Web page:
But now you know what your limit is, so you know that failure is information. We talked about that last week with goal setting but it completely applies here. We want you to try different things but failure is just letting you know where your limits are.
I think there’s one other way of looking at handling flexibility, and I wanted to ask Jennifer what she thought about this. We’ve talked a lot about a specific sequence, where instead of a front cross you do a rear cross, but the sequence is the same obstacles. One, two, three, four the dog is going to do what they’re going to do. But now what about handling style? There’s some handlers who use more distance. There’s some handlers who, like when I started agility, are going to run basically from obstacle to obstacle–“wing to wing” I like to call it, where they handle in a very close style and I feel like a lot of the really good handlers out there on the international level are able to kind of go back and forth between the two. So Jennifer, let’s talk handling styles. What do you think is out there?
Yeah, I have to agree that a lot of what I’m seeing in some of the top handlers is the flexibility and the value in doing both. So you may be very fast, very athletic, running with your dog, be with your dog, do a lot of fronts and blinds, you know, think about Jessica Patterson at the Agility World Championships, but then also the ability to use a really incredible send and have the distance when you need to use that distance to get downstream. Or kind of the opposite, you know, we kind of have this idea that the Russians are known for all their distance work and being able to work far away from their dogs and being able to keep the dogs tight and technical even at increased distance, but they can also do really nice wraps or really nice threadles, even when they’re right with their dogs.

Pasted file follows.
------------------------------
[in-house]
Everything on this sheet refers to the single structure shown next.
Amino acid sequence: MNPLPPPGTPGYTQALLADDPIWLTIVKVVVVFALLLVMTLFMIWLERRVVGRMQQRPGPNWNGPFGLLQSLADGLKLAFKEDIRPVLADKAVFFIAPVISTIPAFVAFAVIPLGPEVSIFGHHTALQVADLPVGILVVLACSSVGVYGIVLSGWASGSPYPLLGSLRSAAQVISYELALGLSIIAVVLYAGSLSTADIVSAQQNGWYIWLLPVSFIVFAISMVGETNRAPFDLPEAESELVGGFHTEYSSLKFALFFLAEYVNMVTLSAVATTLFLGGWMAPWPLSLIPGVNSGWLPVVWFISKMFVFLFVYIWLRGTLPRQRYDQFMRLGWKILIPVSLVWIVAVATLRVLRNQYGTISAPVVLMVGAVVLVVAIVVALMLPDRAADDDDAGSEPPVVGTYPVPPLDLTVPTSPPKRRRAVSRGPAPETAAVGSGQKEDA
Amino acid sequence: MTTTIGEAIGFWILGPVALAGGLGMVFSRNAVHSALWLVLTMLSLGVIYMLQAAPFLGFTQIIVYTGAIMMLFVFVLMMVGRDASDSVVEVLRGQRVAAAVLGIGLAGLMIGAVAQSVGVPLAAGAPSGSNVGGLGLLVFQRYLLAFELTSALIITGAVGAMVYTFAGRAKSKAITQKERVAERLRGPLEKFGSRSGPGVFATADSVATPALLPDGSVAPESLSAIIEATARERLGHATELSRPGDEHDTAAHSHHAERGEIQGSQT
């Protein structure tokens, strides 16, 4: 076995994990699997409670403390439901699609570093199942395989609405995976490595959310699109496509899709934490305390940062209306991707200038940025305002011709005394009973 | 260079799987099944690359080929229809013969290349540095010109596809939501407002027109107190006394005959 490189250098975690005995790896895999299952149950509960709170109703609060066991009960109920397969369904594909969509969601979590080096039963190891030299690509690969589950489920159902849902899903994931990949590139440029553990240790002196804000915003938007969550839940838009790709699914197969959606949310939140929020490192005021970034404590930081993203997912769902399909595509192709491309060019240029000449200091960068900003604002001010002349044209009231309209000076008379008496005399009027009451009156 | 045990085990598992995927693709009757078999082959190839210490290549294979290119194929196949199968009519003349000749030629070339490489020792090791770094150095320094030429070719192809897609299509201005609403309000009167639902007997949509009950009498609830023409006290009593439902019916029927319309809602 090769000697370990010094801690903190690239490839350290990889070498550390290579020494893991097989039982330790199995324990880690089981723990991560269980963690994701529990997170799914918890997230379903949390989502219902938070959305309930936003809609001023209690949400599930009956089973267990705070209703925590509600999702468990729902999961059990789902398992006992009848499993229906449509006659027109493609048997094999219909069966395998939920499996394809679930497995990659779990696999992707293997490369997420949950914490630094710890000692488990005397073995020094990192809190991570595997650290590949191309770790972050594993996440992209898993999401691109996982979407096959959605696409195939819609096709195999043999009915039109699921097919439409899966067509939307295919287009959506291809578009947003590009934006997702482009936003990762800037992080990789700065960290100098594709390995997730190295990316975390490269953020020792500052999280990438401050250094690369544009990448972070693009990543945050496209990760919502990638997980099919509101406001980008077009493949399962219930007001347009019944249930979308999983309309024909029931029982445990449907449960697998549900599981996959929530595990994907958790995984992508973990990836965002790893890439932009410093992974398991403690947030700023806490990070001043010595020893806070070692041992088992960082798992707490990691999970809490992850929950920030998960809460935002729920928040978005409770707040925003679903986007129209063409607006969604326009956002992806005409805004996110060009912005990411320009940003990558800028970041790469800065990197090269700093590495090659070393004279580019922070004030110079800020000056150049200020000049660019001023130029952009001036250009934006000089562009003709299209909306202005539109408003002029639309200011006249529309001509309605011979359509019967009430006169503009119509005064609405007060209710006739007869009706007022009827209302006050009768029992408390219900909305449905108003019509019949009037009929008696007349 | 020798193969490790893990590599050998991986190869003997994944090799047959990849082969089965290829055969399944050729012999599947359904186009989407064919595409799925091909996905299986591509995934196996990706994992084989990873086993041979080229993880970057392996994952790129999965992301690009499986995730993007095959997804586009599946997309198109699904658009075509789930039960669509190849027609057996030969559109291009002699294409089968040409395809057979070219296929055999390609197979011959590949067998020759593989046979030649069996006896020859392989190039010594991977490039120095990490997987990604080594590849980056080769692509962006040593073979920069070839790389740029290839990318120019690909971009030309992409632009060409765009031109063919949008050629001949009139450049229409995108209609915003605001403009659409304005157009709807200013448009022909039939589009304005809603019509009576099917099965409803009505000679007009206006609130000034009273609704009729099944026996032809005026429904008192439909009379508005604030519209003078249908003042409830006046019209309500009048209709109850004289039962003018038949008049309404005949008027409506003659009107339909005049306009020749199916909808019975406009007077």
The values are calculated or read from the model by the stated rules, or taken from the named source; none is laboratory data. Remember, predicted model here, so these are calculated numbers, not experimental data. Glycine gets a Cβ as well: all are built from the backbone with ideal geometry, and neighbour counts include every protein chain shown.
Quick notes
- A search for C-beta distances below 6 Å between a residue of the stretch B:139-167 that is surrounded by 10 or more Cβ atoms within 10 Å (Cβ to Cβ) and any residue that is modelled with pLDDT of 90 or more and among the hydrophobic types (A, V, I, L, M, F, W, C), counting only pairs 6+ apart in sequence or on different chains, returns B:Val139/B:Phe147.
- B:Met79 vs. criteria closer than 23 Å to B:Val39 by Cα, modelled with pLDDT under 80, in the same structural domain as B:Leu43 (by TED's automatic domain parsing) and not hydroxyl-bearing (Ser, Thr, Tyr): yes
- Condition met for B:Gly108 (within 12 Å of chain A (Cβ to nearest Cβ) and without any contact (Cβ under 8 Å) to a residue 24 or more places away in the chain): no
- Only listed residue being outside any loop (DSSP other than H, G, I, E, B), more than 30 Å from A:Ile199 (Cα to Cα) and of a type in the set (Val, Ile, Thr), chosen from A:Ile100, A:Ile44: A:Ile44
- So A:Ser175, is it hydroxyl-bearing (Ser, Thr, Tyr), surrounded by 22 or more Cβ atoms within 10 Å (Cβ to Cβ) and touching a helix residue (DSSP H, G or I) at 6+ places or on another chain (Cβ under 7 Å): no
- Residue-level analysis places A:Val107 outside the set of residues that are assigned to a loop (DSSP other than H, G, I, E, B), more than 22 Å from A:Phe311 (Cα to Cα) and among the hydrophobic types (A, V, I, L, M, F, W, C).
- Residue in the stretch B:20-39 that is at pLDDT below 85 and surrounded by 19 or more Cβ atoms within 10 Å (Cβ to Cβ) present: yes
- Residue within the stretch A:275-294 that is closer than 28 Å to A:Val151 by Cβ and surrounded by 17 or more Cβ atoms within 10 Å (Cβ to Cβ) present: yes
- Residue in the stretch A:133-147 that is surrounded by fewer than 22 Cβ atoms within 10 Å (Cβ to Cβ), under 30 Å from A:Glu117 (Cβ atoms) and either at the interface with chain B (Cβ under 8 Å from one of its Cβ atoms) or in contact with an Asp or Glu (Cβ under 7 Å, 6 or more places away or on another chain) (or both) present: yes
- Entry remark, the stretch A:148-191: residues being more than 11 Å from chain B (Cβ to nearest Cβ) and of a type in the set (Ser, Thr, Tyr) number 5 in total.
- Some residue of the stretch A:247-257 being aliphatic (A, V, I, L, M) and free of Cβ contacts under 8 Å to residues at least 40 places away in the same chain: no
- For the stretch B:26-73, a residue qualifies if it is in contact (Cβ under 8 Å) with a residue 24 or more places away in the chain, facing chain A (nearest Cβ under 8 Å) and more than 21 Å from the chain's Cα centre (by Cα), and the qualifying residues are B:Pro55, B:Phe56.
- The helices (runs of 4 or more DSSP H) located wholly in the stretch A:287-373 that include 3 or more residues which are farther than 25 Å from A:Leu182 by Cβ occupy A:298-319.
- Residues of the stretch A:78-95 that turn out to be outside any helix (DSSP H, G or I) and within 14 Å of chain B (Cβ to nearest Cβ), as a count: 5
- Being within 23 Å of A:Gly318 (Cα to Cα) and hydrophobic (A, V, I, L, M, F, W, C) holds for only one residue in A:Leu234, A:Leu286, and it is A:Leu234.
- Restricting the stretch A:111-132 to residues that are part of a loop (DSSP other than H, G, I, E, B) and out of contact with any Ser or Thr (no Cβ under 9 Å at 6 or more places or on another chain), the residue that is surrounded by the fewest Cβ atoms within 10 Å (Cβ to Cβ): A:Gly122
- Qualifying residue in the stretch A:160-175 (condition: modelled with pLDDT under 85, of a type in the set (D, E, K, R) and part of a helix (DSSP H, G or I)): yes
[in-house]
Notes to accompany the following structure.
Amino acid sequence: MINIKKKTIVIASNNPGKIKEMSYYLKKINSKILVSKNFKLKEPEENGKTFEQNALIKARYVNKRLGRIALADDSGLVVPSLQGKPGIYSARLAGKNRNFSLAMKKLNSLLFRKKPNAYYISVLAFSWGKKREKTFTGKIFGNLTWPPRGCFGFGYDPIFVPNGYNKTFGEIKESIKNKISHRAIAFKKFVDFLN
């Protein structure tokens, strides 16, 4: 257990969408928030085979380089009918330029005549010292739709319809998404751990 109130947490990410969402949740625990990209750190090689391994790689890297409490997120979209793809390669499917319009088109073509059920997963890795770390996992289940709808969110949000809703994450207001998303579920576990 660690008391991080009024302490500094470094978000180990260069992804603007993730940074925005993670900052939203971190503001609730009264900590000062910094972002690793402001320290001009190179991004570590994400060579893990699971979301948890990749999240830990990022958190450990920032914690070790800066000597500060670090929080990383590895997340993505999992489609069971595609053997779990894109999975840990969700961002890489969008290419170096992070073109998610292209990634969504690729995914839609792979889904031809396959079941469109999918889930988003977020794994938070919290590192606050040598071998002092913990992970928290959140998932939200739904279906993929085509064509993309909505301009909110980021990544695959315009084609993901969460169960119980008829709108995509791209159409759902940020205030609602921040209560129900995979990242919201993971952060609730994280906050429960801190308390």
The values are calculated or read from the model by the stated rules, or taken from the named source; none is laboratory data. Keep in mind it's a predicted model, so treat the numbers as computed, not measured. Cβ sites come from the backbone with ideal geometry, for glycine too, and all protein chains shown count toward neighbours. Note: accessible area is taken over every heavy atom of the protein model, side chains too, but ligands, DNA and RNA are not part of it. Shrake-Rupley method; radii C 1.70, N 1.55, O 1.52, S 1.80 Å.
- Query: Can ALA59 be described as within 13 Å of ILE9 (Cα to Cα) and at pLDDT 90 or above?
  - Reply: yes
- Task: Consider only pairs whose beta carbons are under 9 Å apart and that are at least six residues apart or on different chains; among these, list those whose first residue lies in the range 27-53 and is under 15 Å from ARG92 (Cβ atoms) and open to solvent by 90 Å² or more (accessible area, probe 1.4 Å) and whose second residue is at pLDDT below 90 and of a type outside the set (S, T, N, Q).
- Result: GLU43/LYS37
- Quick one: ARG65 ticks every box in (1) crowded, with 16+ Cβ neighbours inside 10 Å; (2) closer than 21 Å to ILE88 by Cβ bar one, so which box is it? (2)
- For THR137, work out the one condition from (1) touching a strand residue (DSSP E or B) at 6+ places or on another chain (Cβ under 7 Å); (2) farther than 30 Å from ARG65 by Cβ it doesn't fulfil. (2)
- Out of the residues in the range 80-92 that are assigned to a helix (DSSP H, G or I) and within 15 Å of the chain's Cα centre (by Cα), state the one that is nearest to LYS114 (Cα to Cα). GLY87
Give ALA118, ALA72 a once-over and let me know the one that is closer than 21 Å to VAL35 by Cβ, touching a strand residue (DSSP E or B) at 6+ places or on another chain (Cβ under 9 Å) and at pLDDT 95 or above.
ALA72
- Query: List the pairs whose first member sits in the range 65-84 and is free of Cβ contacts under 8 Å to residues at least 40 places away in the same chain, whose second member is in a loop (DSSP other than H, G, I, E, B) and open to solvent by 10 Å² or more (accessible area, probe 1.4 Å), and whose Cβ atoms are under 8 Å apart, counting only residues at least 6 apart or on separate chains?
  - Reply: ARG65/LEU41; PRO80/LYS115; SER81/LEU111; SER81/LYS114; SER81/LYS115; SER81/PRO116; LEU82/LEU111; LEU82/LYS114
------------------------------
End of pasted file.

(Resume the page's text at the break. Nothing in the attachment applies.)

So I think what where that brings us back to is the importance of having flexibility and not getting into the situation of “oh, well, I’m a distance handler and I only can handle with this 15 foot bubble and my dog can’t get closer. I can’t get closer to them,” but being able to say, “well I have distance, I can work away from my dog, but I also can work really nice and tight to them” and have you know, really really nice wraps or again, threadles or whatever. So I think we’re looking at the flexibility and handling not only from the maneuver–front versus blind versus rear–but also the flexibility in the style.
The distance versus the more handler-focused, on the dog that can do Premier and do some of the technical but also can go out and qualify in FAST, you know, and work towards that excellent FAST and I think that’s a little bit of what AKC is trying to develop with their Grand Champion title–is that versatility, the FAST legs, the Time to Beat, the Premier, the Regular and I think that’s what you’re seeing–a lot of handlers striving for and really kind of taking things to the next level in that flexibility.
Yeah, one thing that I’ve always said is that I want to be able to handle anything that is legal and safe. So I don’t want to be in a situation where I look at a map and I say, oh this particular setup I don’t like but you know, I might not personally like it because you know, I don’t enjoy a certain style or a certain distance between obstacles. But as long as it’s legal and safe, I want to be able to do it.
I think that’s a great point.
So for all of you out there who are going out practicing on your own, practicing in your own backyard, or maybe doing things remotely with online classes…we hope this gives you a way to structure your own training to get the most. It’s also super effective because you get to use sequences that you set up in more different ways and build your skills that way with less course building and things like that. So, you know think about that the next time you go out to your yard and as we said earlier in the podcast, the NAC Prep Course does close tomorrow. So if you’re listening to this right away, then you have probably less than 24 hours at this point to go register for that course, and we will be walking you through this methodology of running sequences different ways with demonstration, analysis, and optional feedback. That’s it for this week’s podcast. Happy training!